Urges Pilots To Tell Agency Why
It started out as a simple idea:
identify who is flying into the United States aboard general
aviation aircraft before they arrive. But the way the Customs and
Border Protection agency (CBP) wants to implement the plan is
unworkable, according to the Aircraft Owners and Pilots
Association... and AOPA is calling on pilots to tell the agency
As ANN reported, the CBP
proposal would require any general aviation pilot flying into or
out of the United States to file an arrival/departure notice and a
passenger manifest via the Internet at least one hour before
crossing the border.
"AOPA members have told us that it is difficult to find a
working telephone, much less a computer with Internet access, at
many of the international locations that they fly to," said Andy
Cebula, AOPA executive vice president of government affairs. "And
we're very concerned about establishing the precedent that a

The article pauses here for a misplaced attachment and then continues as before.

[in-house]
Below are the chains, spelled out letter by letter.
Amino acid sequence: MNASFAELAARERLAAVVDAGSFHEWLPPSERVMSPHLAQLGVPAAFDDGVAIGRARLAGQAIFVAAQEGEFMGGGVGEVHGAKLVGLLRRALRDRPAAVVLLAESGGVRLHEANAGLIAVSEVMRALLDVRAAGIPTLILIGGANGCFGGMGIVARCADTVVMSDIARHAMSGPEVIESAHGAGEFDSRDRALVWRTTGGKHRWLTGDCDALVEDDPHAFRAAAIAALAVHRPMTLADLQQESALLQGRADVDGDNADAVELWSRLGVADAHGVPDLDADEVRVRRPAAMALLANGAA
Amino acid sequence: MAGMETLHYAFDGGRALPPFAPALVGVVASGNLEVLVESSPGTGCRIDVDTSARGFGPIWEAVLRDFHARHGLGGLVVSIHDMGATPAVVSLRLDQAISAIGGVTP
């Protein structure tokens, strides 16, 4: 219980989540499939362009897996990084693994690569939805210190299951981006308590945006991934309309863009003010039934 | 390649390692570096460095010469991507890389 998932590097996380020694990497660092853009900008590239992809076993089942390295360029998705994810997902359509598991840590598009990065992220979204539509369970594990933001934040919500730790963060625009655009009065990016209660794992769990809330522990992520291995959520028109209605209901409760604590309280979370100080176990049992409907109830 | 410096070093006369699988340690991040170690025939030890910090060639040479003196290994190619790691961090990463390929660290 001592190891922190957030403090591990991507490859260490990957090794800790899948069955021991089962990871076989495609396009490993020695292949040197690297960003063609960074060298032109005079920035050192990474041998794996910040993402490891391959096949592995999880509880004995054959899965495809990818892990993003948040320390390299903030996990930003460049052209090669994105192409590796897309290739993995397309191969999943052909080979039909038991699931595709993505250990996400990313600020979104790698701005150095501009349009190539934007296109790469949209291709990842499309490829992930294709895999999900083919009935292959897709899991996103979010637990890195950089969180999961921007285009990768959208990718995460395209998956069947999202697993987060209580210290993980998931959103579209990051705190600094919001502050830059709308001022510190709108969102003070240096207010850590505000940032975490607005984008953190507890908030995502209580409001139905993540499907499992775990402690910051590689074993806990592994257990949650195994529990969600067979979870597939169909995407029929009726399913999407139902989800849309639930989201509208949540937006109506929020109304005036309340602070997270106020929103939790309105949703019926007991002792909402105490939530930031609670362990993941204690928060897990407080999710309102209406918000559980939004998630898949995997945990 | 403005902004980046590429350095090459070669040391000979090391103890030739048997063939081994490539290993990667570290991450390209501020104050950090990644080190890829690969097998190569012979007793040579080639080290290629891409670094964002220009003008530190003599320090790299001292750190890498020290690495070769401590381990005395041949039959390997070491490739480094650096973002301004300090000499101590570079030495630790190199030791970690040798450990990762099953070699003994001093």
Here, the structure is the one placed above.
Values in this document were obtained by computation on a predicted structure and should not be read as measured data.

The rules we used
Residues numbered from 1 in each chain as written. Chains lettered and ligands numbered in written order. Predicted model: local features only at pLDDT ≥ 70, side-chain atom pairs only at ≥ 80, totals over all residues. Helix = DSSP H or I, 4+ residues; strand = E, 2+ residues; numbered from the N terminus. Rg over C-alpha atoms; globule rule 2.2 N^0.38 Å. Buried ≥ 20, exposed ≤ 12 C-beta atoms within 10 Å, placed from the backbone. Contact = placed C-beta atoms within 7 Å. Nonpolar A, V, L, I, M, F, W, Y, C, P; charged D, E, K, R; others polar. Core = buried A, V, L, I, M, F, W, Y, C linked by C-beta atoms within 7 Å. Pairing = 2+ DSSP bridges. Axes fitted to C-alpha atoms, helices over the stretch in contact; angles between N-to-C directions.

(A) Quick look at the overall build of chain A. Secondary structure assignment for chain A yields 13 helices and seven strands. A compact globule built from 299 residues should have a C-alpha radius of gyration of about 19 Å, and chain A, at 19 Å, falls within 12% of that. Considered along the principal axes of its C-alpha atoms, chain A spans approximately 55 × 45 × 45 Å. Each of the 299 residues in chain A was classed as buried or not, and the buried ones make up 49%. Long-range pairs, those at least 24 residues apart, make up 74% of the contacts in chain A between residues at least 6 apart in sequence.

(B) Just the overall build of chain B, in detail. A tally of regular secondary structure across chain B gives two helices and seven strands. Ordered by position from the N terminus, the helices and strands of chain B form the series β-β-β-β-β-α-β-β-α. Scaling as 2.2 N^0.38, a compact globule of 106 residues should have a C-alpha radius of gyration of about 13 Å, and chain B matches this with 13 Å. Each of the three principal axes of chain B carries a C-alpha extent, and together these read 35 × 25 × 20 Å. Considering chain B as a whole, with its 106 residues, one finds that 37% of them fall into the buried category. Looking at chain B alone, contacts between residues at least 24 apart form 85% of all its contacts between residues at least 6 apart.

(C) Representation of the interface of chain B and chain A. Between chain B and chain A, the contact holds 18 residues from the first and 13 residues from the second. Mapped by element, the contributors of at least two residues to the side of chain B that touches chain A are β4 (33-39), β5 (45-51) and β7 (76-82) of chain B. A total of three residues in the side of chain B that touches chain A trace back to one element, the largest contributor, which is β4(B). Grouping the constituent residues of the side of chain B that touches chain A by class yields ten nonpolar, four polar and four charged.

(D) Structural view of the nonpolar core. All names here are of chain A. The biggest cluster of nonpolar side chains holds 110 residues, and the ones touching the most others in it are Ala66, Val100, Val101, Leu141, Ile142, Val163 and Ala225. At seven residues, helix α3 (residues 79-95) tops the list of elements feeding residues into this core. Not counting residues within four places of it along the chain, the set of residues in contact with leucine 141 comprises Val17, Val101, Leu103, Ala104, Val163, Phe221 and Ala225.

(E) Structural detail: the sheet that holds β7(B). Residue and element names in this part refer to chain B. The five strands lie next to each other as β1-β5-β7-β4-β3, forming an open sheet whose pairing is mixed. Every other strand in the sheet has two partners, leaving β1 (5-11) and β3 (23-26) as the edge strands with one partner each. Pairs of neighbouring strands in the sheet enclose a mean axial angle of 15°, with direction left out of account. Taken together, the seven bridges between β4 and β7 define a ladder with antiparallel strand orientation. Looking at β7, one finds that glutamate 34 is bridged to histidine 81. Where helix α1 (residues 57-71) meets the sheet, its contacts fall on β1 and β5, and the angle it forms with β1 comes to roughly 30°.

government agency must give you approval before you can start a
flight in domestic US airspace."
AOPA urges pilots to file formal comments before the November 19
deadline, to make sure CBP understands the impact the proposal
would have on individual pilots.
In CBP's idealized world, AOPA says, pilots would log onto a Web
site at least one hour before flying across the US border, punch in
an ID and passengers' names, and then get an approval to fly.
But the reality is that pilots don't have universal access to
the Internet inside the United States... much less from a Baja
airstrip, or a Bahamian cay. And requiring pilots to land at
another airport with Internet access before crossing the border
just to be able to file a passenger list is impractical and an
"CBP must allow alternative means for operators of small
aircraft to file their arrival/departure notification and passenger
manifest, as the current system already does," said Cebula. "In the
real world, sometimes a telephone or radio call to flight service
is the best you can do. And they have to recognize that GA pilots
sometimes have to change schedules for weather or operational
considerations, and we need choices beyond the Internet to let
customs and Homeland Security know about changed plans for entering
or exiting the United States."